The IBM Leadership Alliance (formerly known as the "Lotus Leadership Alliance/LOLA") is a small invitation-only event in which IBM Collaboration leadership share what's happening in their world and engage the aforementioned groups in intimate discussion about topics of interest. By creating an environment in which we can hear from and communicate with key players (without the big stage and teleprompters!) we can learn from one another. It was a rich experience. Much of this, will no doubt influence the products and announcements at the next public Connect conference.
In this day when "social" business is promoted -- and often confused to mean social tools only -- it's nice to see that IBM's Collaboration division really gets the value of "social" as in connecting with your ecosystem in order to share, learn, and do smarter business. A quick word of thanks to Alistair Rennie and his team for creating and hosting an environment rich for knowledge sharing.
While I am not at liberty to share what was presented or discussed at the conference I think it is appropriate to point out one of the many ways that IBM communicates with key people in its ecosystem, including customers, developers and business partners to name a few.
Before you ask, there is nothing further that I can share. It's an invitation only event and we are asked to not share the contents of what was presented. I do not know who invited me or what got me on the list, but I'm thankful for the opportunity to participate.
Overall, it was a worthwhile trip for me. My hope is that the information that I learned and the experience that I was able to share in conversation will have an impact on how we all do business.
Thank you IBM.
I enjoy my friendship with Bruce Elgort. No doubt he's had an impact on my personally and professionally for many years. Now, as he moves to a new chapter as a college professor, I enjoy following his adventures in the classroom. As so many in the Yellowverse (Oops, it's blue now It will always be yellow for me) have said, Bruce was instrumental in many initiatives - not only with OpenNTF but with IdeaJam and others. I want to thank you publicly, Bruce, for your many years of dedicated and fruitful service to the Lotus/IBM community. I wish you many more fruitful years in your new endeavors. I'm glad you're not dead and gone yet. ;-)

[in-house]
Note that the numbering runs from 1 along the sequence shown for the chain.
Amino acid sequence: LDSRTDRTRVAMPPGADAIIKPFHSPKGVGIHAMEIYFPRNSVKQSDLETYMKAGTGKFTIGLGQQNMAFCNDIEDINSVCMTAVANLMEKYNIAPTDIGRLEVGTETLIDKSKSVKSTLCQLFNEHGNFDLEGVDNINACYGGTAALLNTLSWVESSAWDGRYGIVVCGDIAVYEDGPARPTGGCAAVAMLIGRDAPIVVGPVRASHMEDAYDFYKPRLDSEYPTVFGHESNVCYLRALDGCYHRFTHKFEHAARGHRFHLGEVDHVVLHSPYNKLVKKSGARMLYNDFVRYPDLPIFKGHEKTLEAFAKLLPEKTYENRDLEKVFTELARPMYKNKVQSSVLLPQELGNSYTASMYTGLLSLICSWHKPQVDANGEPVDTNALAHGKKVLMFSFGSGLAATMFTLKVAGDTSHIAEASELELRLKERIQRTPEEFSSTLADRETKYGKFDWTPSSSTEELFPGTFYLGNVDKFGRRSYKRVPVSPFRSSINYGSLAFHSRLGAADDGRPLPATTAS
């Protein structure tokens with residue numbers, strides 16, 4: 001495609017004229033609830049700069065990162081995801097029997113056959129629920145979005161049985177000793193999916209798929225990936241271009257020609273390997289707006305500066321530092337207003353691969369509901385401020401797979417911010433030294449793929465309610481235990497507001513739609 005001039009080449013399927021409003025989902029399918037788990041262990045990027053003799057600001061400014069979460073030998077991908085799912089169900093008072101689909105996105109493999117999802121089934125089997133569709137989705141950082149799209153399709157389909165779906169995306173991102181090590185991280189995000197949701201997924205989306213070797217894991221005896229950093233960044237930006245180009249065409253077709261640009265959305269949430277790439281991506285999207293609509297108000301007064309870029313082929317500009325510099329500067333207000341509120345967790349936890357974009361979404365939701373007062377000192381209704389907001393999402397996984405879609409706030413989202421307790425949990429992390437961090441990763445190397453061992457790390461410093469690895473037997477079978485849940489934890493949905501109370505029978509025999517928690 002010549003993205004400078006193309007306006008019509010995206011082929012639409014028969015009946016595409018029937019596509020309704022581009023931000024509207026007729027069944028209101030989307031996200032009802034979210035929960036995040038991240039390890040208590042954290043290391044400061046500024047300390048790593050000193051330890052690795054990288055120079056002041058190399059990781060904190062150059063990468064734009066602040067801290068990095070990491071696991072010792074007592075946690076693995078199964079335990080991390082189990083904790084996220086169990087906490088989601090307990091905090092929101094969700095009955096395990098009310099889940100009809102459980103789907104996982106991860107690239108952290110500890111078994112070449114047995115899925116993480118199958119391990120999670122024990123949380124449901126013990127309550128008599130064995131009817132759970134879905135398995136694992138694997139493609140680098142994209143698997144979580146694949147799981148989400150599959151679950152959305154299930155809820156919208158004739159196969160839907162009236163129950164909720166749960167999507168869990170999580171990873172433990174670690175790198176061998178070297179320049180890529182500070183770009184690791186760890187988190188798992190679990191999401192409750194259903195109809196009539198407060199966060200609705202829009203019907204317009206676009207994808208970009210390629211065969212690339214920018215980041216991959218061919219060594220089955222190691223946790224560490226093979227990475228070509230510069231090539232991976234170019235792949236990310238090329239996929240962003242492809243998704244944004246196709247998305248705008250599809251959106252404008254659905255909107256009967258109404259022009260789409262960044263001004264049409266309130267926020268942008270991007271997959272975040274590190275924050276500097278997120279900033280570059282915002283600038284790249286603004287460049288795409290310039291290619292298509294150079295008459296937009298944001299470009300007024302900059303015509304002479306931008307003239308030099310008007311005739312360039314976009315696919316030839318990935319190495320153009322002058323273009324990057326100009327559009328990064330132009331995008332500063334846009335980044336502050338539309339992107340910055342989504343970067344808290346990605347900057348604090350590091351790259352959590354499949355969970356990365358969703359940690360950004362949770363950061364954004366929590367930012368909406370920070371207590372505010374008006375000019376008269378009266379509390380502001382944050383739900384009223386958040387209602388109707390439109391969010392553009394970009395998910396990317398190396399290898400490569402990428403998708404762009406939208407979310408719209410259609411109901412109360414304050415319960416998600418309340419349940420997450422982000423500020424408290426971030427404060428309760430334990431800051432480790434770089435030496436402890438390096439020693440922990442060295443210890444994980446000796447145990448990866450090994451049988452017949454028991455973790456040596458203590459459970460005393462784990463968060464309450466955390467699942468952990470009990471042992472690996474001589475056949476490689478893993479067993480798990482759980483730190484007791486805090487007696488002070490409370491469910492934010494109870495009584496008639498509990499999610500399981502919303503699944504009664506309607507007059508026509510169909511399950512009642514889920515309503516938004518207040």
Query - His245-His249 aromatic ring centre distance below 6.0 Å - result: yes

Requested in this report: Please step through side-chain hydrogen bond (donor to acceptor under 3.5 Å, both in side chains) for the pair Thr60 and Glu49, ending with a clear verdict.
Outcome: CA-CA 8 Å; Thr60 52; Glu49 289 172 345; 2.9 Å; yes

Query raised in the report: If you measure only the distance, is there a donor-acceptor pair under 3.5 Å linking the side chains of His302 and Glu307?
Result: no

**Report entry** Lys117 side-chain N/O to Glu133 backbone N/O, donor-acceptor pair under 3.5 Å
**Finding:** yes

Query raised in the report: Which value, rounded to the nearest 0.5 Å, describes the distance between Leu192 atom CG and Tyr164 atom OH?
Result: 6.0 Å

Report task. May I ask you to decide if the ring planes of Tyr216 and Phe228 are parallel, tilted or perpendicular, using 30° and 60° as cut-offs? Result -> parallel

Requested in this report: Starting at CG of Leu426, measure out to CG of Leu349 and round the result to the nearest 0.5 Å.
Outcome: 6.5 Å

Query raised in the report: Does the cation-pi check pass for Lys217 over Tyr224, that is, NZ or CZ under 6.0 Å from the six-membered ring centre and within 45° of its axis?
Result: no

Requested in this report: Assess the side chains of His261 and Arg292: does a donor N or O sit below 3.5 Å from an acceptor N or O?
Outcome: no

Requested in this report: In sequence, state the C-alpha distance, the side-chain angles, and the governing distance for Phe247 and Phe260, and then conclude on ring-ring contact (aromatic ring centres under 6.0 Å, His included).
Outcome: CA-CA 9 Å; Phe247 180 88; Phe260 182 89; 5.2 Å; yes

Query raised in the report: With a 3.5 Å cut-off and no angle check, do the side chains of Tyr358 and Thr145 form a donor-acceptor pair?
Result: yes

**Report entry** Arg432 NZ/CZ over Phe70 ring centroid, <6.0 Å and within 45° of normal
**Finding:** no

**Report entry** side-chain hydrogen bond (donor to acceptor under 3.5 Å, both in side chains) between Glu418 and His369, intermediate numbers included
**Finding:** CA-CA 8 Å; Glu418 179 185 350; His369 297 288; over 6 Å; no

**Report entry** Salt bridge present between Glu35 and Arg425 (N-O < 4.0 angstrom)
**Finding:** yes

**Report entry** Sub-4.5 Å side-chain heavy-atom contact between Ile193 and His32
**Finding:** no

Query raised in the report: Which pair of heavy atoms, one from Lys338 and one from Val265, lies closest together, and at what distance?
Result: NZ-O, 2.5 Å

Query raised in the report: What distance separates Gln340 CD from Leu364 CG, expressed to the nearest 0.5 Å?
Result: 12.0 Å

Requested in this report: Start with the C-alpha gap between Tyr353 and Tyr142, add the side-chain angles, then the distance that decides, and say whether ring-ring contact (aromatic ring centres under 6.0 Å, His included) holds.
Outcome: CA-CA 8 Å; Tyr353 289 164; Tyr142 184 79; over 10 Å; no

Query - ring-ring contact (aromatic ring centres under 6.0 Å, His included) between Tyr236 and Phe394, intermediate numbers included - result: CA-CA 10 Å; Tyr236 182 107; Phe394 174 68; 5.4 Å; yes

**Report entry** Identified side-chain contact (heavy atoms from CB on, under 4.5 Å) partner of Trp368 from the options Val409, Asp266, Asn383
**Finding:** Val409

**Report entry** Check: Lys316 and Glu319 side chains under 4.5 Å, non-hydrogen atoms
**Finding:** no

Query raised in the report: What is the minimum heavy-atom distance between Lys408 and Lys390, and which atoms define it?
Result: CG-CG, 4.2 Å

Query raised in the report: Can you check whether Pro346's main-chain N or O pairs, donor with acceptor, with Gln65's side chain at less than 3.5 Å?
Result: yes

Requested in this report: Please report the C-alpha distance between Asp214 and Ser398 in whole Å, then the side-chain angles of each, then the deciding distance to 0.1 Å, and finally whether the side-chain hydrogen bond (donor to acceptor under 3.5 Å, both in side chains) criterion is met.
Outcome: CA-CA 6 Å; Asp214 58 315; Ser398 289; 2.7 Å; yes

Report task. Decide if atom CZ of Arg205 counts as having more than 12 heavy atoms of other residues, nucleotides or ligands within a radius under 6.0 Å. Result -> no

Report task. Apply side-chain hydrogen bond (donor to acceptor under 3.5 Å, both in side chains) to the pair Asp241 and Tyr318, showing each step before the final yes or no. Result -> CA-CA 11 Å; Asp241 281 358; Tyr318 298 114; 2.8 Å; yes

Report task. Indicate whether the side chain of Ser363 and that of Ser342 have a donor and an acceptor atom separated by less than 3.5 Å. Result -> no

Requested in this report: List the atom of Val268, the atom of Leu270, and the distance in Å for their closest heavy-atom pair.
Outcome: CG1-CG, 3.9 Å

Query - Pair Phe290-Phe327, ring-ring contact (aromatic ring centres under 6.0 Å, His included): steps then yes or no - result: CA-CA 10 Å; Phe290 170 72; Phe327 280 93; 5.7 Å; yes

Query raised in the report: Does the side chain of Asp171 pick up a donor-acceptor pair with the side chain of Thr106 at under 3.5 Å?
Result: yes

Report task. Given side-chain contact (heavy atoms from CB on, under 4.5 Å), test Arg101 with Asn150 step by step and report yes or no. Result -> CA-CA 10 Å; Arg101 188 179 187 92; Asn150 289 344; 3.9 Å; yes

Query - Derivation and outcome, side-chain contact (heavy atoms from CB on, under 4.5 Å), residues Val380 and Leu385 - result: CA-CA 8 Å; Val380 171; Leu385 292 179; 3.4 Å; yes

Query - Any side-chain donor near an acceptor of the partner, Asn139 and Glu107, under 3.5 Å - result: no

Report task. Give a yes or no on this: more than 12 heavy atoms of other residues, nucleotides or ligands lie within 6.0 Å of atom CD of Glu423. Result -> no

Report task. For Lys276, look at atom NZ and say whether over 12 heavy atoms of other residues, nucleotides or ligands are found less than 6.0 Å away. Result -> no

My first One on One coaching session with Eric Mack focused on an introduction to eProductivity which I found impressive. Eric Mack and David Allen have created an optimized software package and user interface for IBM Notes.
(As an aside, I believe that it would behoove anyone working in software development to preview the demo and see what a completely optimized life management tool looks like.) Over a three day period, I implemented all 57 exercises to properly demo the software. In my next post, I will describe more about this experience.
Jason's first and second guest blog posts are here, here and here. Jason's fourth installment update is below.
Setting up IBM Notes with the Getting Things Done White Paper
Today, as I continue my productivity journey, I decided to see if David's white paper on using Notes would provide some relief to the challenges I encountered with vanilla Notes. I spent a day setting up my vanilla copy of IBM Lotus Notes using David Allen’s Getting Things Done white paper for IBM Notes. If you have never used a GTD White Paper before from the David Allen Company, you should know that their white papers give you a complete Getting Things Done Setup for that specific piece of software, turning confusion into clarity.
Jason is a journalist and professor at the Art Institute of Houston and he recently reached out to me to share his interest in IBM Notes as a productivity platform . He said that he was planning to do a long term experiment by migrating his life to IBM Notes/Smart Cloud. I like the way he explores and writes about productivity topics he's passionate about so I encouraged him to share his experience and I invited him to submit guest blog posts about his experience for the benefit of the Notes on Productivity readers.
Jason's first and second guest blog posts are here and here. Jason's third installment update is below.
Challenges Implementing Getting Things Done with IBM Notes
I'm a long time proponent of David Allen's Getting Things Done (GTD) approach to work and life. In fact, knowing that David uses and recommends IBM Notes as his knowledge platform of choice is what first led me to consider switching from Outlook. When Microsoft emasculated their productivity tools I got fed up and decided to explore the tool that David Allen uses. I understand that David also uses eProductivity but I wanted to first understand what it is about Notes that has kept this program around for over two decades. Using my knowledge of GTD, I decided to see if I could implement this approach to productive work within my vanilla Notes 9 Social Edition Setup.
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